Chapter 4: Measurement and Units of Analysis
While reliability is about consistency, validity is about shared understanding. What image comes to mind for you when you hear the word alcoholic? Are you certain that the image you conjure up is similar to the image others have in mind? If not, then we may be facing a problem of validity.
To be valid, we must be certain that our measures accurately get at the meaning of our concepts. Think back to the first possible measure of alcoholism we considered in the subsection “Reliability.” There, we initially considered measuring alcoholism by asking research participants the following question: Have you ever had a problem with alcohol? We realized that this might not be the most reliable way of measuring alcoholism because the same person’s response might vary dramatically depending on how he or she is feeling that day. Likewise, this measure of alcoholism is not particularly valid. What is “a problem” with alcohol? For some, it might be having had a single regrettable or embarrassing moment that resulted from consuming too much. For others, the threshold for “problem” might be different; perhaps a person has had numerous embarrassing drunken moments but still gets out of bed for work every day and he therefore does not perceive himself as having a problem. Because what each respondent considers to be problematic could vary so dramatically, our measure of alcoholism is not likely to yield any useful or meaningful results if our aim is to objectively understand, say, how many of our research participants are alcoholics.
Here is another example: Perhaps we are interested in learning about a person’s dedication to healthy living. Most of us would probably agree that engaging in regular exercise is a sign of healthy living, so we could measure healthy living by counting the number of times per week that a person visits his local gym. At first this might seem like a reasonable measure, but if this respondent’s gym is anything like some of the gyms, there exists the distinct possibility that his gym visits include activities that are decidedly not fitness related. Perhaps he visits the gym to use the tanning beds, not a particularly good indicator of healthy living, or to flirt with potential dates or sit in the sauna. These activities, while potentially relaxing, are probably not the best indicators of healthy living. Therefore, recording the number of times a person visits the gym may not be the most valid way to measure his or her dedication to healthy living. Using this measure would not really give us an indication of a person’s dedication to healthy living and therefore, we would not really be measuring what we intended to measure.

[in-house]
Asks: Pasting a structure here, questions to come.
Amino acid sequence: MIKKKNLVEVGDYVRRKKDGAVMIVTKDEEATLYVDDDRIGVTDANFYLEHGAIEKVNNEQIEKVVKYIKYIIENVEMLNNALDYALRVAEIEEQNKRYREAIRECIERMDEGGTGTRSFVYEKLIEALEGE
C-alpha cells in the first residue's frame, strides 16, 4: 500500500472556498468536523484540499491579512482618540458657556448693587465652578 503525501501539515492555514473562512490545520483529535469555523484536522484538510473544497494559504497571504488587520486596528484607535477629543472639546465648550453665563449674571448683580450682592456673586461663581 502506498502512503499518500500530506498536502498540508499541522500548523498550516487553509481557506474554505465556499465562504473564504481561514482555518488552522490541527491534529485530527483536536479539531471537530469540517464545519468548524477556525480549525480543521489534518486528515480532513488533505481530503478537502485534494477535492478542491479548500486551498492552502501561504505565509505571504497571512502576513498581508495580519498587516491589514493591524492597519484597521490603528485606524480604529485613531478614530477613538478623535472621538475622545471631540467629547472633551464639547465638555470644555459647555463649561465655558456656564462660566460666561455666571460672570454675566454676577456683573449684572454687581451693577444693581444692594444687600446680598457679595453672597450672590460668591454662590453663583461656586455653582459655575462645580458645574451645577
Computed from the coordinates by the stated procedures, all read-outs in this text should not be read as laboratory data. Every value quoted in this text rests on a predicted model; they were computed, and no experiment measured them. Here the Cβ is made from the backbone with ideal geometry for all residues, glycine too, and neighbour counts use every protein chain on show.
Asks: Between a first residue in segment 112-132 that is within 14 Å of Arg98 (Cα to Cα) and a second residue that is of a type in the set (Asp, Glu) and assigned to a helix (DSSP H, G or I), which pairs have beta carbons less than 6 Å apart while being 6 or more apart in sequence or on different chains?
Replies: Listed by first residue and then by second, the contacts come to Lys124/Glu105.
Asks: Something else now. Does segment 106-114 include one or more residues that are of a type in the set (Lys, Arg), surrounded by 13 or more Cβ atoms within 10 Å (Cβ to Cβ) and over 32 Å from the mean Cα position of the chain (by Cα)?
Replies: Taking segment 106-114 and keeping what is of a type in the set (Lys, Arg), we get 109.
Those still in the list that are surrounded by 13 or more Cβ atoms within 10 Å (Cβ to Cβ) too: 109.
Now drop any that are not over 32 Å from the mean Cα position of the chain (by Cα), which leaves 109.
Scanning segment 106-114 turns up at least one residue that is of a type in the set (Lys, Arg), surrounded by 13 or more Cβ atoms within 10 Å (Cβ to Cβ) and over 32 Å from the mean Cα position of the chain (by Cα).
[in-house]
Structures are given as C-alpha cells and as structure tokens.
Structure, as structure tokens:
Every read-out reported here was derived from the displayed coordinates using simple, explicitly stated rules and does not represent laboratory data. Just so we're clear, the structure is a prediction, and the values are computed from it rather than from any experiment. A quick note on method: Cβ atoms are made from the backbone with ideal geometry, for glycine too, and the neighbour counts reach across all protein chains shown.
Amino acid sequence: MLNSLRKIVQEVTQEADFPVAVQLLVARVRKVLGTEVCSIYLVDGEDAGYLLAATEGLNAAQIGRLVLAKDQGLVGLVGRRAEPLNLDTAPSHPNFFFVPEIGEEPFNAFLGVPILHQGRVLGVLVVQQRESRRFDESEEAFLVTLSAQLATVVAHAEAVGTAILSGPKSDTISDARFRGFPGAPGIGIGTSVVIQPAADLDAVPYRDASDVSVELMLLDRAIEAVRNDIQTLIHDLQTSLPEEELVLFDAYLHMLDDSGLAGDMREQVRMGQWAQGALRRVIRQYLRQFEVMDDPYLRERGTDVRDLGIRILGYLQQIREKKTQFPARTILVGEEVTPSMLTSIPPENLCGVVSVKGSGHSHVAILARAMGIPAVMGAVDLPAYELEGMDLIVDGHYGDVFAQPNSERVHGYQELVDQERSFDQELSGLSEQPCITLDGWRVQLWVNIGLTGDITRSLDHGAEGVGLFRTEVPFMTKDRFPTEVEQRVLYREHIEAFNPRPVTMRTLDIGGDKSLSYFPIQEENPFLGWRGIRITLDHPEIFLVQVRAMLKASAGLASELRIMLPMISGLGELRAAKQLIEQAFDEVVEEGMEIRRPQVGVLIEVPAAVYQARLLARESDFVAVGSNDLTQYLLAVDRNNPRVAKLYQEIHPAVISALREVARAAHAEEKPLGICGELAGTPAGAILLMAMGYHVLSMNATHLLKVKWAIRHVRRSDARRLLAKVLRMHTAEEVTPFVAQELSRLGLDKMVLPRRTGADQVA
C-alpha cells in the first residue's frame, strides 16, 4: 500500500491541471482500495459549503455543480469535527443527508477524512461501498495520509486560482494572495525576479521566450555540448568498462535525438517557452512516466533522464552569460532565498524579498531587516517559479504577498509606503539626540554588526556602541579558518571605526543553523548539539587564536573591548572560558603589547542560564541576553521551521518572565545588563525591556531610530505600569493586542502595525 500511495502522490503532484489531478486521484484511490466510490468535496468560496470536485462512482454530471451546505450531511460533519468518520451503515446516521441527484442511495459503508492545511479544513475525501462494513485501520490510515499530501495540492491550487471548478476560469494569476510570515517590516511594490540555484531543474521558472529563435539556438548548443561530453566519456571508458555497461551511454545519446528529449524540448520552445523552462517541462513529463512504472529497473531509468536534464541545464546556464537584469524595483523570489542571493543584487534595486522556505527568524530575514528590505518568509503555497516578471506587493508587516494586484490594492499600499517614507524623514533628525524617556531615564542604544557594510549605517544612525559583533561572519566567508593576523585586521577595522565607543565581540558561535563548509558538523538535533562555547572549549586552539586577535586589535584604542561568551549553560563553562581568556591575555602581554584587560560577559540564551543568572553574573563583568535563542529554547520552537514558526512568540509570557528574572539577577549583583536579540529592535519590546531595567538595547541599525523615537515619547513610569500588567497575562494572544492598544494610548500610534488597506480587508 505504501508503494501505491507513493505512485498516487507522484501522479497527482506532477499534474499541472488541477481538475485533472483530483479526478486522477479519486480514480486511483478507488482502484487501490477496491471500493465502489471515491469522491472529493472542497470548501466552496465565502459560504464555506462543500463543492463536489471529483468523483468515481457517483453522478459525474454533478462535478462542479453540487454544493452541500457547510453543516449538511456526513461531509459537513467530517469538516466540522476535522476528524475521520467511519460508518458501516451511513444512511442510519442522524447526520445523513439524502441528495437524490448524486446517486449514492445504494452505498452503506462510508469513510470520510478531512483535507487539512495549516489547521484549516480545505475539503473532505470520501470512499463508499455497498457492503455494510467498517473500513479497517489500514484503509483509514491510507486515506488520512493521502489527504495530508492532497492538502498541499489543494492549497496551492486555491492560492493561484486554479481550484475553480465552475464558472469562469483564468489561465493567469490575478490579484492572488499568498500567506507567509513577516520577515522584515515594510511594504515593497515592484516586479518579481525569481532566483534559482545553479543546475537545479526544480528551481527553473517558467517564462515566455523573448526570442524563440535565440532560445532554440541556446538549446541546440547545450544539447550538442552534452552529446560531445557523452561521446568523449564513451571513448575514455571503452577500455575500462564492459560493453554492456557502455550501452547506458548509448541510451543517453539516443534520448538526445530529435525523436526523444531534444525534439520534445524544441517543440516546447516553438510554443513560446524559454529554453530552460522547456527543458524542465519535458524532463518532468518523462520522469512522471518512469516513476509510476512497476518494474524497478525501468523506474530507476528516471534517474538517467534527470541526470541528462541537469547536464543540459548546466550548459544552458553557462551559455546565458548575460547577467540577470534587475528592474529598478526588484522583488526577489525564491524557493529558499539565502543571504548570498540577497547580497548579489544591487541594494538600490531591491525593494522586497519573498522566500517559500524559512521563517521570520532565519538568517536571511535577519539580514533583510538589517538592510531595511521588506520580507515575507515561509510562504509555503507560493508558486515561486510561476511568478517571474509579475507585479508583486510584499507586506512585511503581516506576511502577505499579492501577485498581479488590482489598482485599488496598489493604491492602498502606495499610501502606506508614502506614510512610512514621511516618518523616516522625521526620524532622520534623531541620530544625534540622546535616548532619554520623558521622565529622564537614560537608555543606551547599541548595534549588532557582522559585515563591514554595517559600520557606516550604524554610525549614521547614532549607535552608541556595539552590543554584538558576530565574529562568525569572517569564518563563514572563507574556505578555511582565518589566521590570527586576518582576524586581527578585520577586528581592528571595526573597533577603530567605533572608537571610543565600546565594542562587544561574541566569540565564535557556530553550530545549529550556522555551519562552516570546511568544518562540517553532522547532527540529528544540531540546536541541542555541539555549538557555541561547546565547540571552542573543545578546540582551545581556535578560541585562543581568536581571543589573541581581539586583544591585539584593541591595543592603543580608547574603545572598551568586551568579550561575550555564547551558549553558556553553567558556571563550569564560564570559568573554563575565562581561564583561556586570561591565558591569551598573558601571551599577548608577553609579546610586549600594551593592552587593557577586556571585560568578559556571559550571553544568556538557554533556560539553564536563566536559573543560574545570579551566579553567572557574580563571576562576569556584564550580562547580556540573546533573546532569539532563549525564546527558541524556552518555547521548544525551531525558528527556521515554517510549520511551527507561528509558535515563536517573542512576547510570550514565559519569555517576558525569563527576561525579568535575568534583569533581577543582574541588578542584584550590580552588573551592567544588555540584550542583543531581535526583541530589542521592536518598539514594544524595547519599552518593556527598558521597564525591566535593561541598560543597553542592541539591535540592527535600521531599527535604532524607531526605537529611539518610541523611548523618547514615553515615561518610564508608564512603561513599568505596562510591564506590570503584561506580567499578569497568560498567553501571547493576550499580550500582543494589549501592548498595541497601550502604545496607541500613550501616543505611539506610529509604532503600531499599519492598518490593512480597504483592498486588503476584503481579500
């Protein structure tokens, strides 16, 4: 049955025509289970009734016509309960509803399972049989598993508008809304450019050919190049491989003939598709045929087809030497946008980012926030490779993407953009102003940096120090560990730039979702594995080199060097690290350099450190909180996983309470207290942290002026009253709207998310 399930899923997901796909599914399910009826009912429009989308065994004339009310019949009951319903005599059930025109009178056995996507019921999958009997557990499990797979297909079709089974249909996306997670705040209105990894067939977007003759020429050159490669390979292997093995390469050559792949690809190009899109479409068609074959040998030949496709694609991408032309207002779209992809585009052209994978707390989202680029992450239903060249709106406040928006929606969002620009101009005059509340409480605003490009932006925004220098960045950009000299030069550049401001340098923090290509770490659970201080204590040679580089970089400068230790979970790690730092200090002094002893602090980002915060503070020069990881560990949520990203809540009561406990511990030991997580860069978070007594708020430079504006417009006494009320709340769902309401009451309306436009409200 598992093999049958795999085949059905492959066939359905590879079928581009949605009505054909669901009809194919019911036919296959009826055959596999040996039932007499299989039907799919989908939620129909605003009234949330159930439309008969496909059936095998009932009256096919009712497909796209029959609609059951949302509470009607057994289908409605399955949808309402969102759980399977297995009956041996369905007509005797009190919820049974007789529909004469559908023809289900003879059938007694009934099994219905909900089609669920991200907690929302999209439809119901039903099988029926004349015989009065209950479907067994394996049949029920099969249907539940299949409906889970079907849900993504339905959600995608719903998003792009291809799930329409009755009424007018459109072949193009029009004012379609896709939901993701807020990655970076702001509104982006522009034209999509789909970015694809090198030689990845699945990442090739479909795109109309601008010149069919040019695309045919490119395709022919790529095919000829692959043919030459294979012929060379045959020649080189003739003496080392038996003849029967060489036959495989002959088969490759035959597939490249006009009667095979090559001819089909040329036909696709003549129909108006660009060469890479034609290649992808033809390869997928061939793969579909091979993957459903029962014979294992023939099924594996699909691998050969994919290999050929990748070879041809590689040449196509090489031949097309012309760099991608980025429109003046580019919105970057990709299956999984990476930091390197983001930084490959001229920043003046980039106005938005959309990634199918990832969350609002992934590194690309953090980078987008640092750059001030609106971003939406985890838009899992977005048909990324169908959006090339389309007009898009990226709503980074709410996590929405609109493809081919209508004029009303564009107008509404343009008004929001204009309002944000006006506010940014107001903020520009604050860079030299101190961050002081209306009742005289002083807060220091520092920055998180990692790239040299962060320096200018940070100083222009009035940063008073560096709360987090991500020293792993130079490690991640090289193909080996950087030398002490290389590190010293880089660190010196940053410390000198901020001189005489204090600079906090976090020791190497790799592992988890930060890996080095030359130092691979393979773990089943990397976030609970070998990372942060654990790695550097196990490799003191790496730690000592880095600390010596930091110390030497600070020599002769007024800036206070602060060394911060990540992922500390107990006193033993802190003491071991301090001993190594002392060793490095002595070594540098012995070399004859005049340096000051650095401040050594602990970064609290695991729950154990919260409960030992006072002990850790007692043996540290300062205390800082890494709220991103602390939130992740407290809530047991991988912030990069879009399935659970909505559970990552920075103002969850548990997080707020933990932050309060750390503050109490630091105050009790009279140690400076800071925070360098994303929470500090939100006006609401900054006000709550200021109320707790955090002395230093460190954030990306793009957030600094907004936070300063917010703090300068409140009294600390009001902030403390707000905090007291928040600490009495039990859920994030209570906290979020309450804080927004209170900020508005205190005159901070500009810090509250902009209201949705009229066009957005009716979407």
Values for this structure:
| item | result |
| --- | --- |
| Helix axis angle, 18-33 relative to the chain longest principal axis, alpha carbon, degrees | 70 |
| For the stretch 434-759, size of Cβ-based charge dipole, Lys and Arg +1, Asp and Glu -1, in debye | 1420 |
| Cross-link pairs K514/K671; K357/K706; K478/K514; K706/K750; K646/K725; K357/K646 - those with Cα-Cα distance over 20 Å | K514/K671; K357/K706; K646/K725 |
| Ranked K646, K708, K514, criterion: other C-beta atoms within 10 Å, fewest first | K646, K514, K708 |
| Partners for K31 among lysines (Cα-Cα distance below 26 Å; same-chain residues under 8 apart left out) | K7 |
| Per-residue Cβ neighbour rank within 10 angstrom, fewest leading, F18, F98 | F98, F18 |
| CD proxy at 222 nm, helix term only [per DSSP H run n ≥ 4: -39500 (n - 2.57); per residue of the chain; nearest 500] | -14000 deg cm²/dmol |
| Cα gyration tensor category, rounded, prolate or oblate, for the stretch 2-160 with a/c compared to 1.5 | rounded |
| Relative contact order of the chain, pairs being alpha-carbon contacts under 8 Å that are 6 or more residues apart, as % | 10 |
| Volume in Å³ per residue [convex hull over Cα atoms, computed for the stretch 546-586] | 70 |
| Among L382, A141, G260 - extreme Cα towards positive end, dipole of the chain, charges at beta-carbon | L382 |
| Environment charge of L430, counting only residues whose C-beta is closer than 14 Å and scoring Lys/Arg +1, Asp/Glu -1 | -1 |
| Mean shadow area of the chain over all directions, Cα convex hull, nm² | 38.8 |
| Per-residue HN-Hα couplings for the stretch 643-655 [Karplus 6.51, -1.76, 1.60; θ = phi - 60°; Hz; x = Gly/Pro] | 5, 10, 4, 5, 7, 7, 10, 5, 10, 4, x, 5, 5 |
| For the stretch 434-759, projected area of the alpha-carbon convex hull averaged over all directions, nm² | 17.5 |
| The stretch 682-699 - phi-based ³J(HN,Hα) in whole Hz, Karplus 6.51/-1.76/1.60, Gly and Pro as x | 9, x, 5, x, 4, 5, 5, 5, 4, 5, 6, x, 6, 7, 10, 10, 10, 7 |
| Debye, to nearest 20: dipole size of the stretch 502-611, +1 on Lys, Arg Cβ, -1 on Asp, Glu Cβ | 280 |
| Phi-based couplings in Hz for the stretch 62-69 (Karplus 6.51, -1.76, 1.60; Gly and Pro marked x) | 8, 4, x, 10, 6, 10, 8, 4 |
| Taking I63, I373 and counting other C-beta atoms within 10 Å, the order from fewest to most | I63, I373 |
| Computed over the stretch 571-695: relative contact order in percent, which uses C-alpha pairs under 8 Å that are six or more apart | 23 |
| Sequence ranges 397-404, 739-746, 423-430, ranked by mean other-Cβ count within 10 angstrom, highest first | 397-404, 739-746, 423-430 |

Indeed, in the social sciences it is often not as straightforward as A causes B in the classic experiments. Frequently, there are many other variables that may occur at the same time that A and/or B cause both A and B. Therefore, a researcher must be careful to ensure that his or her study has internal validity — that it does, in fact, test the very thing it seeks to test. There are several threats to internal validity (e.g. history, maturation, testing, and regression to the mean, selection biases, and instrumentation) and ways to control for these types of threats, e.g., experiment and the use of a control or comparison groups. We will return to the topic of internal validity in Chapter 6.
Researchers usually also want external validity, meaning that they want their study to be generic to other situations and contexts, beyond the current project. They also want it to reflect real world environments where the phenomena occur and to prove that it was not due to chance that they got the findings they did. As Palys and Atchison (2014) state, it does not, necessarily, have anything to do with the representativeness of the sample. Rather, it depends upon the nature of the phenomenon under study and on the research objectives.
At its core, validity is about social agreement. One quick and easy way to help ensure that your measures are valid is to discuss them with others. One way to think of validity is to think of it as you would a portrait. Some portraits of people look just like the actual person they are intended to represent. But other representations of people’s images, such as caricatures and stick drawings, are not nearly as accurate. While a portrait may not be an exact representation of how a person looks, what’s important is the extent to which it approximates the look of the person it is intended to represent. The same goes for validity in measures. No measure is exact, but some measures are more accurate than others.